BAKU (Reuters) - An Azeri man said Tuesday he had been asked by the authorities to explain why he voted for the entry of arch-rival Armenia in this year’s Eurovision Song Contest.
Forty-three Azeris voted for the song “Jan Jan” by Armenian duo Inga and Anush in the May contest, despite lingering animosity between Muslim Azeris and Christian Armenians stemming from a war over the mountainous region of Nagorno-Karabakh in the early 1990s.
A representative of Azerbaijan’s National Security Ministry confirmed voters were questioned, but declined further comment.
Rovshan Nasirli, a resident of the Azeri capital Baku, told Reuters he was asked about his vote by authorities in the tightly-run Caucasus state last week.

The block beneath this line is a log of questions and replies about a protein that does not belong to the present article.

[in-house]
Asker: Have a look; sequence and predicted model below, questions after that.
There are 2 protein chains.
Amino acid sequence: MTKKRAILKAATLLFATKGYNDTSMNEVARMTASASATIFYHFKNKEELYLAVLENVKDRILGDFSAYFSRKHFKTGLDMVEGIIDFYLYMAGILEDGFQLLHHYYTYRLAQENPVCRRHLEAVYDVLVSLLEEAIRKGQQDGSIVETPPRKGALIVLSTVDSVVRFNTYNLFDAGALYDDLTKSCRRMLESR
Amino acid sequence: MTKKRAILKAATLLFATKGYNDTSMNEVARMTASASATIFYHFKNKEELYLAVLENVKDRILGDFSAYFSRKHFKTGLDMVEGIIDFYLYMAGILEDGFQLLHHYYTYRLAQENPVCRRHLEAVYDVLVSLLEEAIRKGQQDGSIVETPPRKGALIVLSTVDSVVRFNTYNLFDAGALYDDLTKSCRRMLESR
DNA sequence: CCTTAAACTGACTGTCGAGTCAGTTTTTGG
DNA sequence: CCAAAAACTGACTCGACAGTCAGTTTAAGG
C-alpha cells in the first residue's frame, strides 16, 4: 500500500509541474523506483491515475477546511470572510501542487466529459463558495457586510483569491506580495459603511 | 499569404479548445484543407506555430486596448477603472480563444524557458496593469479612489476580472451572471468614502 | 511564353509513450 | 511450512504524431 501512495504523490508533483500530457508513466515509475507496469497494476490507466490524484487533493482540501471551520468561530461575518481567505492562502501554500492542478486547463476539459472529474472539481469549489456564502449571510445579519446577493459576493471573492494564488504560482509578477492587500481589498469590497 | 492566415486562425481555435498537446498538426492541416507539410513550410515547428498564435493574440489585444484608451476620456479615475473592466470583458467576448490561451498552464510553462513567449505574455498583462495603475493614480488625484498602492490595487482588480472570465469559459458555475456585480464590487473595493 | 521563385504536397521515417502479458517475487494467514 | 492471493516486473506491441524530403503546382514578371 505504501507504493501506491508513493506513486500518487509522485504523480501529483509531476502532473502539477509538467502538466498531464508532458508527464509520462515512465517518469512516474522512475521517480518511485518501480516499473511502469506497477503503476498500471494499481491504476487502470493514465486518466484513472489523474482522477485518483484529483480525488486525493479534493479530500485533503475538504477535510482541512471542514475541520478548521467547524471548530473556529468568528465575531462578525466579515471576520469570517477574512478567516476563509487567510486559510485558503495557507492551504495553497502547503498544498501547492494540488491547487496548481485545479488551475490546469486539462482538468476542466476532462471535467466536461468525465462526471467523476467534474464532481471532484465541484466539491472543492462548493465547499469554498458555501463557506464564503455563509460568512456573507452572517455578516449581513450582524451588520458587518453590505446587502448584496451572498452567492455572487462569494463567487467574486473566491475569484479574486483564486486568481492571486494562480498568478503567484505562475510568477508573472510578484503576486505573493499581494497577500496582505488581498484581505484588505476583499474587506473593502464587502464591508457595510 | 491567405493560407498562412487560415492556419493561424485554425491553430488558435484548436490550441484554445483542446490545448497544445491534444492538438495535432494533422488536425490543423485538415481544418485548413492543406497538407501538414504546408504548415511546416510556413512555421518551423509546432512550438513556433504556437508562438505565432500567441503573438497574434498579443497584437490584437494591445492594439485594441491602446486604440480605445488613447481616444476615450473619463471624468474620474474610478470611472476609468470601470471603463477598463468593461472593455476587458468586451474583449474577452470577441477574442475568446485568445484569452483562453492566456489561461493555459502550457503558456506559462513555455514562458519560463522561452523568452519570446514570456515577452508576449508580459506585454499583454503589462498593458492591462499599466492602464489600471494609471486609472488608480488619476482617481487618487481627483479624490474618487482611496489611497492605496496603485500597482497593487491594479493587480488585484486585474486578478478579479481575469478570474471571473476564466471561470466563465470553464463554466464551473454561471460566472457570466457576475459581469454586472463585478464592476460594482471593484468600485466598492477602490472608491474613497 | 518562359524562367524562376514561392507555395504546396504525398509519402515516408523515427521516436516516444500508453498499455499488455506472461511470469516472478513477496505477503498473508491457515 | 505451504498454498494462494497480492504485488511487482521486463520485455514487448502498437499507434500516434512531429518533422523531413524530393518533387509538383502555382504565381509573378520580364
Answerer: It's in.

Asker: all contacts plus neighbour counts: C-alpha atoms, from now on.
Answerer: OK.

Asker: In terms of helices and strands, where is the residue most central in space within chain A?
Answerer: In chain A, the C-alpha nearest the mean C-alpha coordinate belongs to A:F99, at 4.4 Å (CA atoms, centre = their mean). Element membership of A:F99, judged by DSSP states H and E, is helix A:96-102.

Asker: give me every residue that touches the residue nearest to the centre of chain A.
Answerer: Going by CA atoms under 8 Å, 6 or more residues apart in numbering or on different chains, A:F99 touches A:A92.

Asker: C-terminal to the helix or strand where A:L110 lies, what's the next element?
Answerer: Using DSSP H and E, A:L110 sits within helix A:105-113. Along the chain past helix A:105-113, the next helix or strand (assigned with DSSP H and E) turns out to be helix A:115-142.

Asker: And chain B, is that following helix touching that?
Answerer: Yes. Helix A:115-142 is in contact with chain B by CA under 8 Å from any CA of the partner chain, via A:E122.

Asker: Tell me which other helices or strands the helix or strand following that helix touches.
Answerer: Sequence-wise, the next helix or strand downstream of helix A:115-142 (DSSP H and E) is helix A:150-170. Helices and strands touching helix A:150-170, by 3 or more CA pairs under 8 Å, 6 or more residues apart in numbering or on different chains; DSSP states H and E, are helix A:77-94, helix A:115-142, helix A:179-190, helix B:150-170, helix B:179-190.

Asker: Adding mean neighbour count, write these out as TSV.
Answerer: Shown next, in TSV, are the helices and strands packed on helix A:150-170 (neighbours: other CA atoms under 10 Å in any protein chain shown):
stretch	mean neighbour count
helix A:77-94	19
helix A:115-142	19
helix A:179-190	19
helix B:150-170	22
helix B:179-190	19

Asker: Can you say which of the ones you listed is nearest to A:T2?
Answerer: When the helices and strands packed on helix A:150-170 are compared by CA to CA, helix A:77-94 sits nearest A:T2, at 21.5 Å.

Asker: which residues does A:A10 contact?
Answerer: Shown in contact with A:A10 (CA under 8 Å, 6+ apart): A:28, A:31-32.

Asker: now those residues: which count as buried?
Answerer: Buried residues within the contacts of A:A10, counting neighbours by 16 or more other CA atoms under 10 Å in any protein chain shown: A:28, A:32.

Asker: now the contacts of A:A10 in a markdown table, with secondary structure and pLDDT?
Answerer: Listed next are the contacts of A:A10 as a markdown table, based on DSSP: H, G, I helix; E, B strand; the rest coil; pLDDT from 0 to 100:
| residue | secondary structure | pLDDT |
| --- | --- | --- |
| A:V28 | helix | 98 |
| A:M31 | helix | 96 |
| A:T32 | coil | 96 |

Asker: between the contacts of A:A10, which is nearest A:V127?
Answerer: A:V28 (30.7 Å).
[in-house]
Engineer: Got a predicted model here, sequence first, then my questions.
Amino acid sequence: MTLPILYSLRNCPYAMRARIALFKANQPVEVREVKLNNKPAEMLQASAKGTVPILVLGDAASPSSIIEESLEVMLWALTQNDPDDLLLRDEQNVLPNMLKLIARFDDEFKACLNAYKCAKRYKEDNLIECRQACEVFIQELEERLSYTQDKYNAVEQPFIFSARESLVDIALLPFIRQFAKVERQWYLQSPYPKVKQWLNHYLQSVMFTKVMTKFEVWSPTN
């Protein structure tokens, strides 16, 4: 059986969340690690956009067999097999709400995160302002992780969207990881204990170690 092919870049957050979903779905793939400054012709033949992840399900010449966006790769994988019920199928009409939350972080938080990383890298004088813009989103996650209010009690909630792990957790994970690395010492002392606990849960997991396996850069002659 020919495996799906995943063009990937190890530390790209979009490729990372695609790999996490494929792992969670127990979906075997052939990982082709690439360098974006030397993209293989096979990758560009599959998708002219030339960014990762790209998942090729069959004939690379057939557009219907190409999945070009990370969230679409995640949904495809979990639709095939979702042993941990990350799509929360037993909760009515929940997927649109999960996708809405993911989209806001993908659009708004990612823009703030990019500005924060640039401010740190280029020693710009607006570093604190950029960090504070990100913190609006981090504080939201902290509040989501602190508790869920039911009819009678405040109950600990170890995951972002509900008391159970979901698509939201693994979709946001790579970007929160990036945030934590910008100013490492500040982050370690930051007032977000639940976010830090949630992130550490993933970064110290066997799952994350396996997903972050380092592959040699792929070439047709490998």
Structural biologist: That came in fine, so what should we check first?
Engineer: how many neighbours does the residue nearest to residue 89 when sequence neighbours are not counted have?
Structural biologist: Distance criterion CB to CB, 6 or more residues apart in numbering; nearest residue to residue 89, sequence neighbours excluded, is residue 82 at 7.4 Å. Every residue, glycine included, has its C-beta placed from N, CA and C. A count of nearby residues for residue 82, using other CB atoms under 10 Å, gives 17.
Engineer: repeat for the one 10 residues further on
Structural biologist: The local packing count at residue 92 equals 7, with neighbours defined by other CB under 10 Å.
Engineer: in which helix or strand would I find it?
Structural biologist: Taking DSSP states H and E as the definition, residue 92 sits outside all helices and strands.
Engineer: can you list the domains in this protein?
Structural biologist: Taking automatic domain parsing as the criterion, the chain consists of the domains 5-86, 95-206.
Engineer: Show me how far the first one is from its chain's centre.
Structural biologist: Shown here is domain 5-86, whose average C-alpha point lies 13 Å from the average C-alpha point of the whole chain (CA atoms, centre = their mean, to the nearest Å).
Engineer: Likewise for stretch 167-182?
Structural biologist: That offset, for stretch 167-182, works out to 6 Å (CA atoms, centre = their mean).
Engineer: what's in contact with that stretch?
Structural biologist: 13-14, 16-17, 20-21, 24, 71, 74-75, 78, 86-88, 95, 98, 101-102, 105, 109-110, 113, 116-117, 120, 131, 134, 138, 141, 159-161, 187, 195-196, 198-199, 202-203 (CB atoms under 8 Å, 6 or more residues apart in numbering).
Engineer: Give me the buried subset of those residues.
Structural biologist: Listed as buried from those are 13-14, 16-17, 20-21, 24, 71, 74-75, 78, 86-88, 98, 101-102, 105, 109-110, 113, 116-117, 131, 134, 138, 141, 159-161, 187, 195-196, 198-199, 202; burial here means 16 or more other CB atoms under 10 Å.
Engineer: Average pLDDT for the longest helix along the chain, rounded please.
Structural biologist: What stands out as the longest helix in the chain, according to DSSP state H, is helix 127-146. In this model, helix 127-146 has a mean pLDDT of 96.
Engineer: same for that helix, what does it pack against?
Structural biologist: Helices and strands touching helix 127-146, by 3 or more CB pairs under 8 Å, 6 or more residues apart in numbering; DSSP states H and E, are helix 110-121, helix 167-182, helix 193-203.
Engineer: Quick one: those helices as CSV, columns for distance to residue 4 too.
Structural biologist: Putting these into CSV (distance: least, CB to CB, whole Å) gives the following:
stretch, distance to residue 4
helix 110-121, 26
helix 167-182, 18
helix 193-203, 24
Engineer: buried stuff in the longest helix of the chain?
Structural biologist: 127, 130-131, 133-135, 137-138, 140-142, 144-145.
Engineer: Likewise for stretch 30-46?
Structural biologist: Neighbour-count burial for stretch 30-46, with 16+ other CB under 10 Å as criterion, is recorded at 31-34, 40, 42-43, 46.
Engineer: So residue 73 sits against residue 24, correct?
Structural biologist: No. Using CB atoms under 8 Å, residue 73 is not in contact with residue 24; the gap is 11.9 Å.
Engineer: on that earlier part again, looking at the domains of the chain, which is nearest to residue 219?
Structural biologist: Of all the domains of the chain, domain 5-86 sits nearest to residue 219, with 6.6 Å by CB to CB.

“The National Security Ministry summoned me and started asking why I voted for the Armenian group, saying it’s surely unpatriotic,” he said.
“The investigator said such behavior showed I’m easily recruited. I explained that I simply voted for ‘Jan Jan’ because I liked the style, not for political reasons.”
Azerbaijan and Armenia remain intensely suspicious of each other 15 years after a ceasefire ended full hostilities between Azerbaijan and Armenian-backed separatists in Nagorno-Karabakh.
The region threw off Baku’s rule with the collapse of the Soviet Union but a full peace deal has proved elusive. Azeri and ethnic Armenian forces frequently exchange fire over a tense front line.
Rich in oil and gas, Azerbaijan is tightly controlled by President Ilham Aliyev and is frequently criticized by human rights groups for stifling free speech and democracy.
“Jan Jan” finished 10th in the 2009 Eurovision contest in Moscow, seven places behind Azerbaijan’s entry “Always” by Aysel and Arash. The winner was Norway’s “Fairytale” sung by Alexander Rybak.
Writing by Matt Robinson; Editing by Andrew Dobbie